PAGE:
In all the times I had been to London, I had never been to Greenwich. So we decided that this time around we would take some time to wander new places. So it was that Friday morning - after a suitably glorious breakfast at Brunos - we wandered to get a train across the river to fair Greenwich.
Of course we were inevitably disappointed that the Cutty Sark is under repairs and under wraps at the moment. Still, we had some great views across and down the river, including the monumental elephant that is the O-god-whatever-it-is-now-called-Dome.
There are always unexpected pleasures in city wanders; our first came with the arrival of Louis, a small boy who thunderingly ran up to the barricades overlooking the river and promptly yelled "digger!!!" We looked out, but in vain could we see any sign of a digger across the beach or riverbeds: we turned to his mum who was sat behind us "I think your boy's hallucinating diggers!" She shook her head. "No, he'll have seen one" (Louis is still yelling "digger!" in the excited way that only small children can do). She wandered over and quickly scanned the horizon. She pointed to the far distance: "there, it's red". And sure enough, the smallest clue of a digger behind a screen of building work was visible.
As I explained to Neil, we had forgotten to take account of that crucial piece of information: small children, especially boys, appear to be genetically programmed to spot diggers at 500+ paces! And boy was little Louis good! He duly kept following us as we wandered the pier area and it eventually took us quite some effort to persuade him to stay with his mum as we went for a wander down the under-river footpath.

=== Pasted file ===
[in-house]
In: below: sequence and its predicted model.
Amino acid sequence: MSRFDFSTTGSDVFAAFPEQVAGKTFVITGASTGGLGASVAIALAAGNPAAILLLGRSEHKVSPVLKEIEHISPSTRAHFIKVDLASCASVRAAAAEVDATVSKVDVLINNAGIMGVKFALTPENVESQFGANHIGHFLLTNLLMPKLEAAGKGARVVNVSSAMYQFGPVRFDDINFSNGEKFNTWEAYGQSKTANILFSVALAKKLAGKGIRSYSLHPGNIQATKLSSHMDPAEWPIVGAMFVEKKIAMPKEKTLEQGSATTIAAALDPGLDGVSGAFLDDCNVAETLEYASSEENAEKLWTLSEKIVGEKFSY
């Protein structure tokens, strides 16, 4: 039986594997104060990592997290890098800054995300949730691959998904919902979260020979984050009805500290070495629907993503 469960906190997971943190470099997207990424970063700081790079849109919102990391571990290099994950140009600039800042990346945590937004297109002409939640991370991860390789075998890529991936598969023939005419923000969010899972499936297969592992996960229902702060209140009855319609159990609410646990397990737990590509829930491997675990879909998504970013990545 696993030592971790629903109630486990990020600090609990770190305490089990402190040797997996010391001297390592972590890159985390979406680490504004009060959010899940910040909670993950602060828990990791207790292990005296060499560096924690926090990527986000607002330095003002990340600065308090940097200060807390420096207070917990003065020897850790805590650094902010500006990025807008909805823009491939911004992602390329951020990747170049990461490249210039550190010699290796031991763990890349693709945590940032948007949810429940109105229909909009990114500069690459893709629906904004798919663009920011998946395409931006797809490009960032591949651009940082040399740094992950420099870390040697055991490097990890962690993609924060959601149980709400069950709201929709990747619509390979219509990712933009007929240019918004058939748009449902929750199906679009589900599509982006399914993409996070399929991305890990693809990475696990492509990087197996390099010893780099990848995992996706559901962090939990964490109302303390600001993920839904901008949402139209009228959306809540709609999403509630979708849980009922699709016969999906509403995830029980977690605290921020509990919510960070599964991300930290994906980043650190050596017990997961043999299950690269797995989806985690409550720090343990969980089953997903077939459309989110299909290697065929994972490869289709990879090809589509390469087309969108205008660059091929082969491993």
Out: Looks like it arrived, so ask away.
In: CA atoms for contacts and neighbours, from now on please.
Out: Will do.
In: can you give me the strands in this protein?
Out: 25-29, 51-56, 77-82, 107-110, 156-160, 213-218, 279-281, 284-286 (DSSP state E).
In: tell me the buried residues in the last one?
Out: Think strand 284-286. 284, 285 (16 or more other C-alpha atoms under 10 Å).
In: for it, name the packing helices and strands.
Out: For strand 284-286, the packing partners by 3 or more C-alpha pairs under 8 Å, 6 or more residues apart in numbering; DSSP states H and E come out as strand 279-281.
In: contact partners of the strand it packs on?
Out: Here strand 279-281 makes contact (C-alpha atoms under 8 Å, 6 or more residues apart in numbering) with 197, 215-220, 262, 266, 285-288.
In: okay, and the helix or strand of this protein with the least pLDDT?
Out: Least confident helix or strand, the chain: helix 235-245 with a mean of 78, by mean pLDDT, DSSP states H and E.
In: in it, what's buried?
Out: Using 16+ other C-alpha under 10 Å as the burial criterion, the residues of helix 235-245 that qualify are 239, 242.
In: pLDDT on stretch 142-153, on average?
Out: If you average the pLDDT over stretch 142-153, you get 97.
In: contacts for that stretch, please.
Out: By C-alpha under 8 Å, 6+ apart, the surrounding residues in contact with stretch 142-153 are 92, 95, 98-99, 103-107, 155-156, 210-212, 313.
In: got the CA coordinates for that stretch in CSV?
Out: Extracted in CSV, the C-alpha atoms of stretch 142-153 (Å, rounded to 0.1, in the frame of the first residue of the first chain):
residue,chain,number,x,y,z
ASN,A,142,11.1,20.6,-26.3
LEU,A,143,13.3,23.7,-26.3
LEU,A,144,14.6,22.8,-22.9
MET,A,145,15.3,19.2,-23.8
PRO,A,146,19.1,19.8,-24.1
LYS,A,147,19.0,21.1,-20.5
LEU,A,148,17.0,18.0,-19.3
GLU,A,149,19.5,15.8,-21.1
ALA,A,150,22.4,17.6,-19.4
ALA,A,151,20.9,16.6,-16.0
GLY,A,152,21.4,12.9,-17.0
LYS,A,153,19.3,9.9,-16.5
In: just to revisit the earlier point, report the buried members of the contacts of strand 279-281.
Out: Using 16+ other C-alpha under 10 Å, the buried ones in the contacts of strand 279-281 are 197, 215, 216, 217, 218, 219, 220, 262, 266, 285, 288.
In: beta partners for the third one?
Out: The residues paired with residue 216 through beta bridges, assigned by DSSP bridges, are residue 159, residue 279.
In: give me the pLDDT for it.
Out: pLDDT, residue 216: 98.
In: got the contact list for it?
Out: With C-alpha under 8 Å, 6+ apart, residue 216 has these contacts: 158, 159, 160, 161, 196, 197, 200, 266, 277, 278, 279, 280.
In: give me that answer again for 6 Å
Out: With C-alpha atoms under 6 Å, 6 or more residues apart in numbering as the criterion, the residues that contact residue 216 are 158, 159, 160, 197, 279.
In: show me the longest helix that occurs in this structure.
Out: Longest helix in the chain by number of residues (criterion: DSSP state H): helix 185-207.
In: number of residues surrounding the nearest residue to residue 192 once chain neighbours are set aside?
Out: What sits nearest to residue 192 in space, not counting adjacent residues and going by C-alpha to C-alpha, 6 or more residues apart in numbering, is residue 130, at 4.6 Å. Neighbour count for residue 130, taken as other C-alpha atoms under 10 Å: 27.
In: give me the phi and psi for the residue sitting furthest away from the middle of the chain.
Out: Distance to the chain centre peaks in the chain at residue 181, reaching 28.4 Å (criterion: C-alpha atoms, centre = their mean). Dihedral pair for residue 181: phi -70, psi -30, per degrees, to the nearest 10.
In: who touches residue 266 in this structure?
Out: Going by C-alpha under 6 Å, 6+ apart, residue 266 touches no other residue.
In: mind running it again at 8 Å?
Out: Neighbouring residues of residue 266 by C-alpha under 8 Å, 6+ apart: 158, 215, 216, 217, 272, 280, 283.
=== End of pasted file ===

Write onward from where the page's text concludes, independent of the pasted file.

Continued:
That was quite an experience. The domed entrance to the tunnel scarcely indicates the curious experience of being below the river. The lighting is very strange indeed!
Anyway, tracking back we wandered along the riverside coming up at Greenwich University (the old Naval Hospital).
These are fine buildings and good on the university taking the opportunity to buy them.
We walked up the hill, through the grounds of the Maritime Museum, to the Observatory at Flamsteed House
where again we were thwarted by redevelopment (the Planetarium is closed) but were able to see all the magnificent time pieces and materials relating to scientific developments in studying time and space. Brilliant! We were even there at lunchtime to see the rise and fall of the red ball!
After such excitement, we trundled off for a walk around London, ending up looking at the very weird but wonderful world of Hawksmoor over at Christ Church, Spitalfields. We also walked through and got tempted into purchases at Old Spitalfields Market, only narrowly missing getting caught up in a coterie of Gilbert and George accolates walking through the market with the two weird ones themselves (it was that sort of weekend: the following day we walked past Mr George Alagiah).